It is always interesting to discover brands’ histories, although sometimes, it can be as tricky to work on as a police case. Indeed, many brands have disappeared without leaving a trace, and Marie Earle is no exception. Let’s take a look back at this saga.
I took interest in this subject thanks to James Bennett, who did an awesome job with many brands, most of which American, but not only. His website features a few examples. We had actually drawn inspiration from his work to complete the Barbara Gould saga. Recently, he found information about the lost brand Marie Earle – at least he thought it was lost –, so he asked me about it. That is how I discovered it was present in several countries, including France, for over 100 years.
The history of Marie Earle is somewhat similar to that of Barbara Gould. It was created by a woman named Janet Juanita Bastable, who was born in Ireland in 1852. After a most extraordinary story punctuated by a name change, a wedding, and other tribulations, she created the brand Marie Earle. For those interested, you can read about the whole journey of this person, mother and daughter, in James Bennett’s excellent post.
She and her daughter took their first steps in the beauty industry in the early 20th century. Since some of their relatives were doctors, the Marie Earle adventure started with an emerging technique: galvanic currents. But the origin of the brand’s name remains unknown: maybe the need to change names, the dream to become a Countess? They started in England, and in 1909, they opened a beauty salon in Paris located 279 Rue Saint Honoré – one of the best venues in the French capital. In a book, Bastable wrote: “… My daughter and I, we can no longer resist the countless requests we receive from chic, smart Parisian women, so we are opening an English salon dedicated to beauty hygiene culture in this adorable, artistic Paris quarter which, due to its magnetic influence, appeals to prominent scholars.”
Their reputation quickly grew and many publications were released: the following chart shows the brand enjoyed a wide audience up until World War Two.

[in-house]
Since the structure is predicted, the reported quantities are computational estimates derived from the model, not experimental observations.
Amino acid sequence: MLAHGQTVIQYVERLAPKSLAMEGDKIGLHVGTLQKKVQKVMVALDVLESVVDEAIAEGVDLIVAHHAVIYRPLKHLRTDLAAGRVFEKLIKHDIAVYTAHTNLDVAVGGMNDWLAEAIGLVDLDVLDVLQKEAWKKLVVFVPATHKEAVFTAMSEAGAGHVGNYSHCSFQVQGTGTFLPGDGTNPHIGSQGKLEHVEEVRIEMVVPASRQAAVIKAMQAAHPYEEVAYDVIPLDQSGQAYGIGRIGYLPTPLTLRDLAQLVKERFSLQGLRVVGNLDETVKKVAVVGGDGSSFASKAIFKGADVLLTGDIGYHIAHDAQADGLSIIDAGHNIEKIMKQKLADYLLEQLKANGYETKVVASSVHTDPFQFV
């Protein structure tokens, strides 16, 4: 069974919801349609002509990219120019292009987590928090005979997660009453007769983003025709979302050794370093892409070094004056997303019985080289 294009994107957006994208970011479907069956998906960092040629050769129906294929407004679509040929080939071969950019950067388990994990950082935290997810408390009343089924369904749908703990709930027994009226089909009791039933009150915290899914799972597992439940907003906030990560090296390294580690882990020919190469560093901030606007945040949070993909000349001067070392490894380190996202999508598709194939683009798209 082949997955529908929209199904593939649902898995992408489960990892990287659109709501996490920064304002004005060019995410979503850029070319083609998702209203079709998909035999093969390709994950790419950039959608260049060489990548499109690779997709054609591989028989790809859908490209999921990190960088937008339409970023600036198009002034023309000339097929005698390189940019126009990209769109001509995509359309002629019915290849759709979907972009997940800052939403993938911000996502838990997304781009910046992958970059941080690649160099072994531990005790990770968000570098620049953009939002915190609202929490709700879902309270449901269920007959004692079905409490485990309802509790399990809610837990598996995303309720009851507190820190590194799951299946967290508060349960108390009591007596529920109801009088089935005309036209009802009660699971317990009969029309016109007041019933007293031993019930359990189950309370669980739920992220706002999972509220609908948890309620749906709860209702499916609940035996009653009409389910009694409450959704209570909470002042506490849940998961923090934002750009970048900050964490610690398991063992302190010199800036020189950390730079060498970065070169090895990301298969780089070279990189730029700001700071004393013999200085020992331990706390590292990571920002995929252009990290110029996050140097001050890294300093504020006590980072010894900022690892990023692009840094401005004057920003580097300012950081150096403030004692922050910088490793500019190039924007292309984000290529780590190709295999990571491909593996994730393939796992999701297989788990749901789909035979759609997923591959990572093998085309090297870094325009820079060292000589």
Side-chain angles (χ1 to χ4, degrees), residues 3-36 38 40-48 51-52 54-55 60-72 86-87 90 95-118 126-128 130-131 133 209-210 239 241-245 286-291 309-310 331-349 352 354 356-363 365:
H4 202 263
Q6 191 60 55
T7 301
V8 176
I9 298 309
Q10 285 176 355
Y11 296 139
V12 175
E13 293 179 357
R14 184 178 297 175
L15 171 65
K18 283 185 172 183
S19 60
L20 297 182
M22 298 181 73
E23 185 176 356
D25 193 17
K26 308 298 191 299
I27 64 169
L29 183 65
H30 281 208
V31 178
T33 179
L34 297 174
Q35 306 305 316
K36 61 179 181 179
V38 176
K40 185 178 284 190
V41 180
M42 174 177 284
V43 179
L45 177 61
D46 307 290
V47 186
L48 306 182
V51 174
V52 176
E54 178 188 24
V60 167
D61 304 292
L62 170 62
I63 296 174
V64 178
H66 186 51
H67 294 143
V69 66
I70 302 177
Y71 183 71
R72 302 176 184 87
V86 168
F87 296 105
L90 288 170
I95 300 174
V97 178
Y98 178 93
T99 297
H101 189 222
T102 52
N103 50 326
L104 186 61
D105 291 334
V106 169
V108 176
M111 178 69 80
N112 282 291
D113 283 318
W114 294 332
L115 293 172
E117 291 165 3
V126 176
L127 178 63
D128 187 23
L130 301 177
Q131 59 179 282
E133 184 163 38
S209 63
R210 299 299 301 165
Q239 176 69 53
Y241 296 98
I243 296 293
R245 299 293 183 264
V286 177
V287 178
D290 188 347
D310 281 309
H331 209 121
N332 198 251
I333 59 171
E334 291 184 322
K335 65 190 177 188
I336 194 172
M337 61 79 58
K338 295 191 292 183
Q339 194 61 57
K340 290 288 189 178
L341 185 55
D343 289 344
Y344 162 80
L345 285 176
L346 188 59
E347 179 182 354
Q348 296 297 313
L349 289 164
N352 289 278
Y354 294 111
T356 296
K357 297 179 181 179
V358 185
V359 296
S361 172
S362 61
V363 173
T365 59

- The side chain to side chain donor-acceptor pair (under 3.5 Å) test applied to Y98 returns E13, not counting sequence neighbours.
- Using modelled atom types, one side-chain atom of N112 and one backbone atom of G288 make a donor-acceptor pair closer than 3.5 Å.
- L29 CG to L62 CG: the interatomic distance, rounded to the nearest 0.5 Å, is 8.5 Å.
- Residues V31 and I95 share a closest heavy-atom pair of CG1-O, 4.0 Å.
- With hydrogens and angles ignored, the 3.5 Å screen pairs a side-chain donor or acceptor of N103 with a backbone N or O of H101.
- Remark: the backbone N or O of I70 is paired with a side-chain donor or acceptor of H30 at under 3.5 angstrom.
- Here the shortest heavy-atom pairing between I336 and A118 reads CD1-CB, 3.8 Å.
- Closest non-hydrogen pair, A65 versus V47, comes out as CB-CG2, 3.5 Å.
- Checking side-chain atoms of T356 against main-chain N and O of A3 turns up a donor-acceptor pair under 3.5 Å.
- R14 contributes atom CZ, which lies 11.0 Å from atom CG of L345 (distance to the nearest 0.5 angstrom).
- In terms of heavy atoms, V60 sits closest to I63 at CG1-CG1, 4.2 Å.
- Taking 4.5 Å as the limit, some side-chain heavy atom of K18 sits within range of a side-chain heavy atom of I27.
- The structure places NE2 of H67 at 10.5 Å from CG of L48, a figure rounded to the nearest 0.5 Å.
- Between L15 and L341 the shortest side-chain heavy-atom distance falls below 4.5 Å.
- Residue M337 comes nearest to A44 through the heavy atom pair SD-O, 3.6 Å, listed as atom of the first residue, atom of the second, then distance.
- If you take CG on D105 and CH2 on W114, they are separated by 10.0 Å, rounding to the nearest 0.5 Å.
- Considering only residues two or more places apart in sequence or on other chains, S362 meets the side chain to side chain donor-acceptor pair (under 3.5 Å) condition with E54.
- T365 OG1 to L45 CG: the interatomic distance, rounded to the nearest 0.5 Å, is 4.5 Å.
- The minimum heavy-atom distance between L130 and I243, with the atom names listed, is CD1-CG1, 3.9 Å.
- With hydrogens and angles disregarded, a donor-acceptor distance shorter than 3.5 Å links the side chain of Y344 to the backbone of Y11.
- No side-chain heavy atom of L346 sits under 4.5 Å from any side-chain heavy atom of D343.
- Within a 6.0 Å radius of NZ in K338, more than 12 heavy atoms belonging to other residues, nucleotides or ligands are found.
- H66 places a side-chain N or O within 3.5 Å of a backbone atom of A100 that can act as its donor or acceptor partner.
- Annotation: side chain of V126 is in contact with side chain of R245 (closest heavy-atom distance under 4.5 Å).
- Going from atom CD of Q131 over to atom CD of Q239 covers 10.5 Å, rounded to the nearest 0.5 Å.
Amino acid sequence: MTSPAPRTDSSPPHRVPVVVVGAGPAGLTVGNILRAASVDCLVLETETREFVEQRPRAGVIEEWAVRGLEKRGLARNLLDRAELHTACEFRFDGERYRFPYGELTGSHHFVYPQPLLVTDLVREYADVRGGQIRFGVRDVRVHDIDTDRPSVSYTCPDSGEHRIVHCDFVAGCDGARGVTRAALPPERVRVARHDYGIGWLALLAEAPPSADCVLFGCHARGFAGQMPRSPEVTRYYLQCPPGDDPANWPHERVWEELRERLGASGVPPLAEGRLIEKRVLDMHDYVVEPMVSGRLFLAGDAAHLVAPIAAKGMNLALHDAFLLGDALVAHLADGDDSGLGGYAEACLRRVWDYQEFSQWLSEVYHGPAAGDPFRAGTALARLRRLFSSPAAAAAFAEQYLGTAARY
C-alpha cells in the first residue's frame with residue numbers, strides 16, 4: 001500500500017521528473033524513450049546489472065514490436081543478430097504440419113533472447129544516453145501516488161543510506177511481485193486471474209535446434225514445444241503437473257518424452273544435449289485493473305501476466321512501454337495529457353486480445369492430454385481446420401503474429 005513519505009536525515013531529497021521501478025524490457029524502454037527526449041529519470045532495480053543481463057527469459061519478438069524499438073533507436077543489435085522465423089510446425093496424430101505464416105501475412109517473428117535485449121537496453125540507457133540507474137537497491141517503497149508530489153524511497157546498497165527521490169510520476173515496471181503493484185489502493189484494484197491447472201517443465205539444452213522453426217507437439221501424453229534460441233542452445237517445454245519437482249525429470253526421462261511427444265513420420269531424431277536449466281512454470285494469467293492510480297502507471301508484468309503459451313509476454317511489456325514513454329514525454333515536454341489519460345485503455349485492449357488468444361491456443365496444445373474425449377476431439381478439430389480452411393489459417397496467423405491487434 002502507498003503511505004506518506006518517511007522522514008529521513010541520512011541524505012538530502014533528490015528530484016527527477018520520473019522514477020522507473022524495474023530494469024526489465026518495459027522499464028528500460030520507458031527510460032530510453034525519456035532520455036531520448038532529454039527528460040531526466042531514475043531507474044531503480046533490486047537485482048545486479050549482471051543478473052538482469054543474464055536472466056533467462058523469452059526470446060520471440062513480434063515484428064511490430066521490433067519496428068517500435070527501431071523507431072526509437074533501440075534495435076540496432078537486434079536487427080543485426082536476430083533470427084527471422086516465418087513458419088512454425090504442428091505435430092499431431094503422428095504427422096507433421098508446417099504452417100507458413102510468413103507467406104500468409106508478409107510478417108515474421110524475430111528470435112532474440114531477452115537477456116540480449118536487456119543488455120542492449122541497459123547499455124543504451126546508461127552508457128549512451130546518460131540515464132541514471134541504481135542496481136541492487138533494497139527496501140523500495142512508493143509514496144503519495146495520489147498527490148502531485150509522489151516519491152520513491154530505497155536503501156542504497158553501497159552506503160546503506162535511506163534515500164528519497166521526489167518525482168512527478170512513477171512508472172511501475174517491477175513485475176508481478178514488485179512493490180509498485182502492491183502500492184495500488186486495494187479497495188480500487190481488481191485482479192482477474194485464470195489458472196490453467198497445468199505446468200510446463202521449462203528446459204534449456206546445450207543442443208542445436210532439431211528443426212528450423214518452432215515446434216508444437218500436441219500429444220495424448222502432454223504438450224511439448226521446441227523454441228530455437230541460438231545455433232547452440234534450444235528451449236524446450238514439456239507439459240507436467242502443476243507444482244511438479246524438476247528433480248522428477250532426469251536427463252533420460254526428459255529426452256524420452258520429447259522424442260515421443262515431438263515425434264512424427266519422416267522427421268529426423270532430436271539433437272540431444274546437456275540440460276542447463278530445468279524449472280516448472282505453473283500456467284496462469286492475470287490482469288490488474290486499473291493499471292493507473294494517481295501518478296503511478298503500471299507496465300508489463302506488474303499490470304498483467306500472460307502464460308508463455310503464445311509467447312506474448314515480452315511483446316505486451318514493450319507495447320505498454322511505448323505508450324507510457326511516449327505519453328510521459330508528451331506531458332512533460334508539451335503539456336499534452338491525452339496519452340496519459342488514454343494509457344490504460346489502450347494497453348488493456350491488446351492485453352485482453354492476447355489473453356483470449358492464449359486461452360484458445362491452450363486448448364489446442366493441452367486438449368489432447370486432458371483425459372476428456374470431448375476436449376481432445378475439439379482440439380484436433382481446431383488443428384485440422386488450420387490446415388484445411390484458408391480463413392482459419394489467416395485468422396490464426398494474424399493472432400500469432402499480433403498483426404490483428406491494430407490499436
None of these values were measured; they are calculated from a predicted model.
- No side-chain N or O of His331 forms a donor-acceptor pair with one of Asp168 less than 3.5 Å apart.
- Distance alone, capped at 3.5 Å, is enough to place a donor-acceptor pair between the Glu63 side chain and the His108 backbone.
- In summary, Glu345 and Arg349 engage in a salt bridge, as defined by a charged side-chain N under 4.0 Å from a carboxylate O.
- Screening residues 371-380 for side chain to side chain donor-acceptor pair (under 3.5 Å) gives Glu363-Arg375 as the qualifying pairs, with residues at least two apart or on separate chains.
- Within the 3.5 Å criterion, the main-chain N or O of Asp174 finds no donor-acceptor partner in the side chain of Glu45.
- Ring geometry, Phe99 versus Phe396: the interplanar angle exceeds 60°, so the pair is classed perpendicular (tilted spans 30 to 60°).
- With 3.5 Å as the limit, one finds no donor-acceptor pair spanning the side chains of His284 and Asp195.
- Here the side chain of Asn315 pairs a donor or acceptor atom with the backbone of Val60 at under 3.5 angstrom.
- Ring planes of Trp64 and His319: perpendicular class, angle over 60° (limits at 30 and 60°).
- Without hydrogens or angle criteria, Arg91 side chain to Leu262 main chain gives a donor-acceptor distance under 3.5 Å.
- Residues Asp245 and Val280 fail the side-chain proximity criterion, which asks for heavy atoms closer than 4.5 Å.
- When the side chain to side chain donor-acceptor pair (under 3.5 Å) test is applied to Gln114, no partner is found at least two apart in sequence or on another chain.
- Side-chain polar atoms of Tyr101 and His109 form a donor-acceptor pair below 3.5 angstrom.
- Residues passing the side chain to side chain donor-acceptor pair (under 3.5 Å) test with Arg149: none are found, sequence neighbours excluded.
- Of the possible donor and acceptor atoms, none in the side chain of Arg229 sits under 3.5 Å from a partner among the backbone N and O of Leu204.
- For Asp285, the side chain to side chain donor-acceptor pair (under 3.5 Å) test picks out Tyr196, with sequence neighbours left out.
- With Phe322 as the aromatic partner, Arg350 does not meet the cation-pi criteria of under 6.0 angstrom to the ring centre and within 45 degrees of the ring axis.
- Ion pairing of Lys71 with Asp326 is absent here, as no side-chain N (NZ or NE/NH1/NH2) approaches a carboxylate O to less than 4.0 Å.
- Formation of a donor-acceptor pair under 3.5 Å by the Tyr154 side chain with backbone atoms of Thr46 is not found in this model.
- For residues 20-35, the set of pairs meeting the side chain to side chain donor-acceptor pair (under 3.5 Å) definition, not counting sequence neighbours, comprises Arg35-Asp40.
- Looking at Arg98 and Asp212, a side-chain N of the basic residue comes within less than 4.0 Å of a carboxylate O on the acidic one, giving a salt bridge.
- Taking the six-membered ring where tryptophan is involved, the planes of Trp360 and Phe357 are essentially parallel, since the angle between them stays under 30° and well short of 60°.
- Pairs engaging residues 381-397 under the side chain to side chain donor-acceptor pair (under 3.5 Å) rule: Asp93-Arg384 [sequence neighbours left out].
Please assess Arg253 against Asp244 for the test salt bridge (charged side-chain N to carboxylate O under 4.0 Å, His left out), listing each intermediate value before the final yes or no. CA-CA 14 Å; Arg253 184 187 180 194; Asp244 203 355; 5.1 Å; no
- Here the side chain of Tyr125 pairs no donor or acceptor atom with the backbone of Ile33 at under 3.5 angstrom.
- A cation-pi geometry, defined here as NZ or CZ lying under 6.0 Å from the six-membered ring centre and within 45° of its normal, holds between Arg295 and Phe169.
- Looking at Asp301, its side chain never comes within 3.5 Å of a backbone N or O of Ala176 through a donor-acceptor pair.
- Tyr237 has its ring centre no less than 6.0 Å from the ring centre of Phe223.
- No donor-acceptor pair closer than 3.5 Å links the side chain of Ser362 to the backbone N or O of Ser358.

Frequency of the term Marie Earle – Retronews July 2022
Their approach was also detailed, as can be seen in this extract from the Femina issue of January 1909 (@retronews):
The initial aesthetic treatments consisted in using electric currents and electrolysis to treat concerns like unwanted hairs, birth marks, scars, etc. Janet had developed a series of techniques based on these approaches already known – or even classified – in the late 19th century. Also used by other major brands, these electrostimulation techniques became common again in the 21st century.
In the meantime, a limited range of cosmetics was released. As usual, there was a scientific or medical reference, since it was developed by her uncle, Herbert Bastable, a skin specialist with an uncertain scientific background. Gradually, the range got broader, so the Paris beauty salon could offer products like L’Elixir, the Perfection series including the cream, the cucumber-based emulsion, and the toner, or a peculiar mask with straps evocative of the light devices currently on the market. A few makeup products completed it all.
Earle mask – Rational and scientific beauty culture 1908 – @Gallica
In 1928, Coty took hold of Marie Earle, similarly to what Bourjois did with Barbara Gould. The brand’s founder retreated in Europe, where she died in 1935.
The range was entirely reviewed, made broader, and completed with accessories. The Parisian salon moved Rue de la Paix. Coty used this new acquisition to market a perfume called Rallet, and a more comprehensive makeup range was developed. As far as salon techniques were concerned, Marie Earle stood out by offering a skin-stroking technique in opposition to what was known as gentle tapping. The brand’s comprehensive technique was called Aralinn. Its interest in tapping was confirmed much later. Following the Food, Drug and Cosmetics Act of 1938, the range and products were modified: some terms were banned, which partly downgraded the marketing pitch.
Then, World War Two marked the end of the brand’s presence in France, although the story continued in the US, where new products were launched.
In 1954, Coty decided to combine Marie Earle, Lily Daché, and Lucien Lelong to found a new company, General Beauty Products Inc. Lily Daché, a stylist, became the President. That is also when the brand was one of the first to introduce a particular product in the US: a cream formulated with royal jelly, Queen Bee Cream, which was completed with other products.
In the late 1950s, Coty started to struggle financially: all brands were sold to Mary Chess in 1960, and the group was sold to Pfizer in 1963. The Marie Earle brand was then purchased by various owners, including Nestlé Lemur and Hichens Cpy, before it disappeared.
It has just reappeared in France with a range of neurocosmetics!